I am willing to concede that these scenes, subsequent to the great denouement, which are totally unnecessary and ruin the aristic effect, are perhaps necessary to explain the full import of the hero’s conversion, to the illiterate and uneducated section of the public. So far, so good. But the Scene in which Chintamani walks through the public street, announcing her repentance and giving her ill-gotten wealth to all her former lovers, is in the worst possible taste, as also the confessions of Manohar and Alwar Chetty of their dealings with her and how they lost their wealth. This is merely propaganda for the Women’s Vigilance Association and has no place at all artistically in the picture.

In describing this film, I have tried to convey the impressions left on my mind by the acting of Aswathamma (Chintamani) and the hero (Tyagaraja Bhagavatar). Aswathamma achieves a notable success in her delineation of an extremely difficult and subtle part. The deep emotion which she put into her songs more than atoned for a few technical shortcomings. She has an excellent singing voice; her talking voice has a Greta Garbo-ish huskiness. Both the acting and singing of Tyagaraja Bhagavatar were good. Y. V. Rao as Manohar and the comical Alwar Chetty also achieved distinction. The songs of the distressed wife were somewhat long-drawn-out, but her agony, when deserted by her husband, was well portrayed and her outburst before her suicide convincing. The sanyasi and his wife, who are a kind of Greek chorus in this film, also deserve mention for competent singing and acting.

Let me turn now to ‘Modern Youth.’ This has been a very much over-praised picture in the local press. The plot is full of almost hysterical impossibilities; complications have been introduced in the plot without much sense of proportion; and there is an amount of melodrama in the production, which considerably detracts from its artistic value. The story is that of an unsophisticated village youth whose widowed mother is bringing him up on orthodox lines. Thus, though educated in Madras, he arrives in the village in a bullock-cart and shows proper respect to his mother, to the elders of the village and a holy man of the neighbourhood. He marries in due course, in accordance with his mother’s wishes, the daughter of a family friend. Unfortunately, being selected for the I. C. S., the hero is transported to London. There at first he preserves all his village rectitude, and amuses a critical London audience (outside his bedroom windows) by his vigorous interpretation of a religious song sung by him at his morning puja. But a fashionable friend takes him to a night-club and introduces him to a couple of English girls, under whose compelling glances he imbibes much more champagne than is good for him. We see him entering on a reckless course of dissipation (including the very questionable enterprise of driving about in a taxi with a girl-friend on either side of him) in which he runs through his poor mother’s entire fortune. When the cablegram arrives from her saying she has no more money to send him, his girl-friends desert him and he returns to India merely Barrister Ramu, having failed to complete his I. C. S. examinations. So far, even though the scenes of dissipation in London are greatly in excess of what average Indian students resort to (or anticipate in their wildest dreams), they can pass muster. But the hero’s behaviour in Madras is most incredible. When his mother comes to see him, he spurns her most rudely. An accommodating friend who is a libertine introduces him to an unscrupulous dancing-girl at a garden-party in his honour, and our hero imagines that he is the sole lover of the courtesan, who is actually the mistress of the libertine. This our young friend, Ramu, finds out by accident. But the complication introduced at this stage is of his wife coming to his rescue dressed up as a boy-applicant for a clerk’s post under him. She sets to work to put right his finances and composes his creditors. At this stage, the dancing-girl falls for the handsome young clerk and makes violent love to him (or is it ‘her’) and is discovered trying to kiss him, by Barrister Ramu. Ramu ejects the dancing-girl and reproves his clerk. Finally there is a scene in which the clerk reveals himself as Ramu’s wife and there is a touching reconciliation between mother and son.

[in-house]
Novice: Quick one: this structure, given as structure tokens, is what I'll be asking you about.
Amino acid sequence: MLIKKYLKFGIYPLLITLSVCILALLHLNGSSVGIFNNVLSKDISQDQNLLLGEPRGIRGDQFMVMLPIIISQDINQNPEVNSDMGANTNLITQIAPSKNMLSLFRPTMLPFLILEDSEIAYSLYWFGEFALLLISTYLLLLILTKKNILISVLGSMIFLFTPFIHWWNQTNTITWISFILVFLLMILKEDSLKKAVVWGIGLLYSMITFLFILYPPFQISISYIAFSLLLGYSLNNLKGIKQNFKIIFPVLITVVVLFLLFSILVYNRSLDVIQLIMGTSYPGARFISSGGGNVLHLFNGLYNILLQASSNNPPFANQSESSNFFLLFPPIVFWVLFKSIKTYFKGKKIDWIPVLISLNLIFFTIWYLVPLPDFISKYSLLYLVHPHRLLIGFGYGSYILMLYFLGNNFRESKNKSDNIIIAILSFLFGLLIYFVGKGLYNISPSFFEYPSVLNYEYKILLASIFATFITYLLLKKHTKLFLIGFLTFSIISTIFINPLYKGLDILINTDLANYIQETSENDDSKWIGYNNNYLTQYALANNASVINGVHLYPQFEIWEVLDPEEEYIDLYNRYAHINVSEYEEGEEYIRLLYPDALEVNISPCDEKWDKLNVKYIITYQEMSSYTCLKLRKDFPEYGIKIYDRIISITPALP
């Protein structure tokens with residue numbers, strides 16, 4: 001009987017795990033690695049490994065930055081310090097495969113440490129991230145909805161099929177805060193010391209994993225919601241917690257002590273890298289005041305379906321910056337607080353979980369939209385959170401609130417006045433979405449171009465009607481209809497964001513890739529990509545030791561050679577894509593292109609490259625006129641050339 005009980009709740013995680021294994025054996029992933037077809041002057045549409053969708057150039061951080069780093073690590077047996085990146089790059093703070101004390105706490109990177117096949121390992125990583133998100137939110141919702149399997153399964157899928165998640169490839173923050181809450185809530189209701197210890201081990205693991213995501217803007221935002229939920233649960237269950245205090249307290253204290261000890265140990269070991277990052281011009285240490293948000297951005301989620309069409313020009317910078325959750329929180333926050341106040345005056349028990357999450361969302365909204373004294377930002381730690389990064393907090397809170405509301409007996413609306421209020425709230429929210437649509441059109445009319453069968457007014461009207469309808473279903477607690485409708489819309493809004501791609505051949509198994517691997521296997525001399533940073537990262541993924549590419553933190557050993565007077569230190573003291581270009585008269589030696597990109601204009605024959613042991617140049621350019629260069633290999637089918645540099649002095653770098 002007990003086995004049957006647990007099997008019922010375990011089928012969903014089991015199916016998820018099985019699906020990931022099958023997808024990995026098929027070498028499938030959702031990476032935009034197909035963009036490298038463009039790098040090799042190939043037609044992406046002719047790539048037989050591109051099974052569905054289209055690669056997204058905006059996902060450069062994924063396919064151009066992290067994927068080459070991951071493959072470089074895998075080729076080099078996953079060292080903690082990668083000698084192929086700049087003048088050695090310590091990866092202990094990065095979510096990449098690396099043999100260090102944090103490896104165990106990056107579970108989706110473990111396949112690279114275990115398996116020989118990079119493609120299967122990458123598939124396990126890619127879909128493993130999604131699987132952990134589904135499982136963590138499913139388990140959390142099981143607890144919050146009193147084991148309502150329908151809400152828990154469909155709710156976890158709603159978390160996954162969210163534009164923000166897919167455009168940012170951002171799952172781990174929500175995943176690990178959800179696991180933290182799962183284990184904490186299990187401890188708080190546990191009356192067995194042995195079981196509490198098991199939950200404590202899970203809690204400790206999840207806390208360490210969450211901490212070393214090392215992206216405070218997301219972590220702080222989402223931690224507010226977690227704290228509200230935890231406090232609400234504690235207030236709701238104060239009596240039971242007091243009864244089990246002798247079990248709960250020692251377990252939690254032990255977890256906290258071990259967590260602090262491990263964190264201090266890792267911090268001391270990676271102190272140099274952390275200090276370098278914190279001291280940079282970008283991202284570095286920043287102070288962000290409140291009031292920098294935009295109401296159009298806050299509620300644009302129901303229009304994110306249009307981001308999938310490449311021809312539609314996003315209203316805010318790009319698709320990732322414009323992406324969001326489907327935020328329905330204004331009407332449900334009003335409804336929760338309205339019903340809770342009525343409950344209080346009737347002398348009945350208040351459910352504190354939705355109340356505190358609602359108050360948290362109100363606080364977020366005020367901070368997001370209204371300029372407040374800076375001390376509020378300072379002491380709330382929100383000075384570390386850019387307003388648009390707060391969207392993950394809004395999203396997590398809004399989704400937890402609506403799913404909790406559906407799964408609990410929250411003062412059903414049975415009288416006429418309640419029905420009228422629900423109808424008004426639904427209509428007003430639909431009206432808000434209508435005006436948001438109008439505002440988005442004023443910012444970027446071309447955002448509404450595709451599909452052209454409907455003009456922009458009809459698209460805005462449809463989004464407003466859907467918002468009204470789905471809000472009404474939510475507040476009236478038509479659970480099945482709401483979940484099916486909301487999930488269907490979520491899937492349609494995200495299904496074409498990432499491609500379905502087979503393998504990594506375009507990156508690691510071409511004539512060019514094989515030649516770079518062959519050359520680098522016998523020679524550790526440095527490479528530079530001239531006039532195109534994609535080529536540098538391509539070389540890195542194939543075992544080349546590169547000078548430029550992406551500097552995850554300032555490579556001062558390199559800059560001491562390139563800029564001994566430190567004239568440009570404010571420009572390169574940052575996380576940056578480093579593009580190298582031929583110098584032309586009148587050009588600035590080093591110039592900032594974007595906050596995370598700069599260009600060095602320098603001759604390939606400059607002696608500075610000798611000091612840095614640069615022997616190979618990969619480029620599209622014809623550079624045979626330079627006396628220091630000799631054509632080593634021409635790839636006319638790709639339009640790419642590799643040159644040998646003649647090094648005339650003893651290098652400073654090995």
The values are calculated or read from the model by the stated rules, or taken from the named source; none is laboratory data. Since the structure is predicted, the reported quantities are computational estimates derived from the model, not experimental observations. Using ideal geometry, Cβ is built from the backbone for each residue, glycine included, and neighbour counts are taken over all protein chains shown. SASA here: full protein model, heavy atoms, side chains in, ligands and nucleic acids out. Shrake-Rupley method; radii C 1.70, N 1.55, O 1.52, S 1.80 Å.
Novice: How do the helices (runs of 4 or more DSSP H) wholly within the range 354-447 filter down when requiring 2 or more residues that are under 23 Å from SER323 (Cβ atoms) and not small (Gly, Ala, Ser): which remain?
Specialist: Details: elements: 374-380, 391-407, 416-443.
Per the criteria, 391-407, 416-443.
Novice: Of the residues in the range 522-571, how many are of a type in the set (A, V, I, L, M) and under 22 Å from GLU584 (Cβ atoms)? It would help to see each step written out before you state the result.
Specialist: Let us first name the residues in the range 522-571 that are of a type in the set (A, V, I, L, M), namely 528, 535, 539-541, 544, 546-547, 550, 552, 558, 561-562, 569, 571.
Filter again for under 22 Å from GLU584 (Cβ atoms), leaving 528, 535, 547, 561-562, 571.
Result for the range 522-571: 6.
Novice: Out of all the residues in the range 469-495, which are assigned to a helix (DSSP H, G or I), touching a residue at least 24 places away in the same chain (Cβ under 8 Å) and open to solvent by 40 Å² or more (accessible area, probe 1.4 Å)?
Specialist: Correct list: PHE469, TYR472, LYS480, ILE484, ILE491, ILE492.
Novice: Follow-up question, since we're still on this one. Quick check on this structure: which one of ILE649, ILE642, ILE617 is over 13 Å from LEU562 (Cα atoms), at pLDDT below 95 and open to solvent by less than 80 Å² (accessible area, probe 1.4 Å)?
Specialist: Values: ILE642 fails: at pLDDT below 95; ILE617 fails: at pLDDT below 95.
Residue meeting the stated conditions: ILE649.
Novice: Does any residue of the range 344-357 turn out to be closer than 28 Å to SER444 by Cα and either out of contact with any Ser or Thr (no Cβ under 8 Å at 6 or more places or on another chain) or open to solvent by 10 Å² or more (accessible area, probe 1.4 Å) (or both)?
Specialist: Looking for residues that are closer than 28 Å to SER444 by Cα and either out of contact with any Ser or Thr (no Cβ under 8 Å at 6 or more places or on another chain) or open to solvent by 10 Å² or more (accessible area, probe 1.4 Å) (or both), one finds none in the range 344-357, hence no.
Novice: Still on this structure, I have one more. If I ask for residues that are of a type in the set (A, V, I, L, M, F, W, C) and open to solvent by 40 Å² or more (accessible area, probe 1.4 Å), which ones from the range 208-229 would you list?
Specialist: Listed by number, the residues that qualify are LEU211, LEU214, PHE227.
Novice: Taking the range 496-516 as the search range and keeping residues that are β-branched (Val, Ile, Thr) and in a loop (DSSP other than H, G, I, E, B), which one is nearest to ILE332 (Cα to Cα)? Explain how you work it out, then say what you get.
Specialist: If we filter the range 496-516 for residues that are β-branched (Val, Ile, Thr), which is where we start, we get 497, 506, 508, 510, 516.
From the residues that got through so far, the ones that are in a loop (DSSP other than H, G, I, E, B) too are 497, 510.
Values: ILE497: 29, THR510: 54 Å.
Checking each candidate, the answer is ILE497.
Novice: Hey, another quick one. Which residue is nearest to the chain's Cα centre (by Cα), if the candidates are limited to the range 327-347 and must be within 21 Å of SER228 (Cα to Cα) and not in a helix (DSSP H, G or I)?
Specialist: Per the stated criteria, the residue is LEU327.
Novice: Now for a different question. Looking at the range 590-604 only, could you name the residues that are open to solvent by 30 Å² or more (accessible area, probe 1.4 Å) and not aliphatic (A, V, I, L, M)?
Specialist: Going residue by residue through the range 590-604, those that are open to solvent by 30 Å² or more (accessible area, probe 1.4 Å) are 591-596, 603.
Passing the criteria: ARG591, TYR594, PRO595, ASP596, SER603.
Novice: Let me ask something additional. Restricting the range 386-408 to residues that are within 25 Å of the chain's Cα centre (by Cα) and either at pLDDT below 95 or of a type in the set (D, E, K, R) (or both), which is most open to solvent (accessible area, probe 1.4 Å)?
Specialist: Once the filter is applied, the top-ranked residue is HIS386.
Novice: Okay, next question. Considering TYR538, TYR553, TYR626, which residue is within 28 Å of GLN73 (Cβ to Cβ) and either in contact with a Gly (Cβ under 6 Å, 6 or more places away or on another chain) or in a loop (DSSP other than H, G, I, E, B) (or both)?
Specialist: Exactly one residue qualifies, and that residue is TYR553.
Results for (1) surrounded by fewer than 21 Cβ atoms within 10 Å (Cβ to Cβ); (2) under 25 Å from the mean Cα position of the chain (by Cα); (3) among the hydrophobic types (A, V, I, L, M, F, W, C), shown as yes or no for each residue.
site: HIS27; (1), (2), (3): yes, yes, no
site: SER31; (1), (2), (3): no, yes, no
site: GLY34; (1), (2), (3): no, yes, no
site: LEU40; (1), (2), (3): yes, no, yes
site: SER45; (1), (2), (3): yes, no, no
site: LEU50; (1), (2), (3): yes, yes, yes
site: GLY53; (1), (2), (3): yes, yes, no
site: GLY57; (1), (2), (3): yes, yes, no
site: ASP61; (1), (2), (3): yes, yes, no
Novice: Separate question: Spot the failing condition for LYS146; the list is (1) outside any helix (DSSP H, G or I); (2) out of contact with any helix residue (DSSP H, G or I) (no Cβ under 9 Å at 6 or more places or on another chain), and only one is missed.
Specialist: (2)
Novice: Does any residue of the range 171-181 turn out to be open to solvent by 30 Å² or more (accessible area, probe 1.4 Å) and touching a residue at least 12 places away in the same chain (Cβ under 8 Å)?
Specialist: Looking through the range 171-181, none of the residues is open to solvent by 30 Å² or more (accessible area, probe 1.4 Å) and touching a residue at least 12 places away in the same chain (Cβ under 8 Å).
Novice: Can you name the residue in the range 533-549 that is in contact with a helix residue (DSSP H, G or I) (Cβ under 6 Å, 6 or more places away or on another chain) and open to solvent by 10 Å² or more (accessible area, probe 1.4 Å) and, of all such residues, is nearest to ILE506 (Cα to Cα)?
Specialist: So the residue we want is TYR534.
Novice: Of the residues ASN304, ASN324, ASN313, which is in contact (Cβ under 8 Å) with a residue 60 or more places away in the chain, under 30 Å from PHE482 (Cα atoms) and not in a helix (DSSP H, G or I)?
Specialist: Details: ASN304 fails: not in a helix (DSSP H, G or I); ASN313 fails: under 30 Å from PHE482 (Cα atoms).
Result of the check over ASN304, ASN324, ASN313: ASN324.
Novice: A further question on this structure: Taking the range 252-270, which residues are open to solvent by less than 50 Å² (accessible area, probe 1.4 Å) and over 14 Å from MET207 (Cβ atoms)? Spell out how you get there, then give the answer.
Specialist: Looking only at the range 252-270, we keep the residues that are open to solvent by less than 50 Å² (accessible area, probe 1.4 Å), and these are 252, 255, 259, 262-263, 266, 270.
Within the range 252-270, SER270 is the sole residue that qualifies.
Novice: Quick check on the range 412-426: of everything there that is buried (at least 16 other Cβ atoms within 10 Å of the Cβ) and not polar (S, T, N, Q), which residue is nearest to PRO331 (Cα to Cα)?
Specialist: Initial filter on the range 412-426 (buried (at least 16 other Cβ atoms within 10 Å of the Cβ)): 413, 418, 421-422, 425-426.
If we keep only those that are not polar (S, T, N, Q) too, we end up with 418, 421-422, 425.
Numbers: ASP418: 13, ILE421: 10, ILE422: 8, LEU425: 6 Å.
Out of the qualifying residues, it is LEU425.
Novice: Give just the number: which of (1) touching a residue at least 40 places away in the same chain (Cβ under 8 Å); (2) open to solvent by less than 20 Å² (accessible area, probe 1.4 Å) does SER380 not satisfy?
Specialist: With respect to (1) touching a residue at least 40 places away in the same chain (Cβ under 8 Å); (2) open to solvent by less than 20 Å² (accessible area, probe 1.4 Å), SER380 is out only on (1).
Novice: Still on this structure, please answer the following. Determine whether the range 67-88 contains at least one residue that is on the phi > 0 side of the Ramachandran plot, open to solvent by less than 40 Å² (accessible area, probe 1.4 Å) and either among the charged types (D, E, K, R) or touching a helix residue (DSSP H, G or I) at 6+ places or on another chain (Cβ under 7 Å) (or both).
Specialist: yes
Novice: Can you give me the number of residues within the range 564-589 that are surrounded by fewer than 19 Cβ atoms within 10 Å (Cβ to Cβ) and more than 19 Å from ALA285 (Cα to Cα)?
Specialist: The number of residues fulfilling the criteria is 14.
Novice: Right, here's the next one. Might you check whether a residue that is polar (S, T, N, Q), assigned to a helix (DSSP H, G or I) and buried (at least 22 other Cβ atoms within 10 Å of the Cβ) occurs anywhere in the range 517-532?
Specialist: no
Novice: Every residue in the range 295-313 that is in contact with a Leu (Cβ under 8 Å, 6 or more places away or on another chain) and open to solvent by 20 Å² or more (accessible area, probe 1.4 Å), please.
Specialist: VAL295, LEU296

But this is all mostly hyperbole. A young man who leads a rakish life in London may grow insensibly colder towards a parent (due to the brutalising of his feelings) but he is not likely to spurn her in the manner in which Ramu treats his mother in this film. It was most unnatural and melodramatic and showed that the authors of the play had no notion of those nuances of feeling which characterise the actual relationships of individuals in life. Coldness and indifference are difficult to enact; hence the short-cut alternative of spurning and vituperation. The whole film leaves one with an impression of un-reality of being completely removed from actual life. The only interesting parts of the film were the Coronation scenes which had nothing to do with the film proper. Social films which are travesties of human life do not deserve encouragement. I am sure that Asandas Classical Talkies can do much better than this. The actors in this film were quite competent, but they were required to act in an extravaganza and not a social play. It comes down to this: that the directors must secure effective plots for their social plays which, while presenting them with plenty of scope for dramatic action and a good denouement, still are not divorced from the facts of human life. Otherwise the social plays they offer to the public will present a sad hotch-potch of desperate devices to sustain the interest of the audience by unnatural incidents, unnecessary complications, and impossible characters.

1 Triveni, November, 1936.

Let's grow together!

I humbly request your help to keep doing what I do best: provide the world with unbiased sources, definitions and images. Your donation direclty influences the quality and quantity of knowledge, wisdom and spiritual insight the world is exposed to.

Let's make the world a better place together!

Like what you read? Consider supporting this website: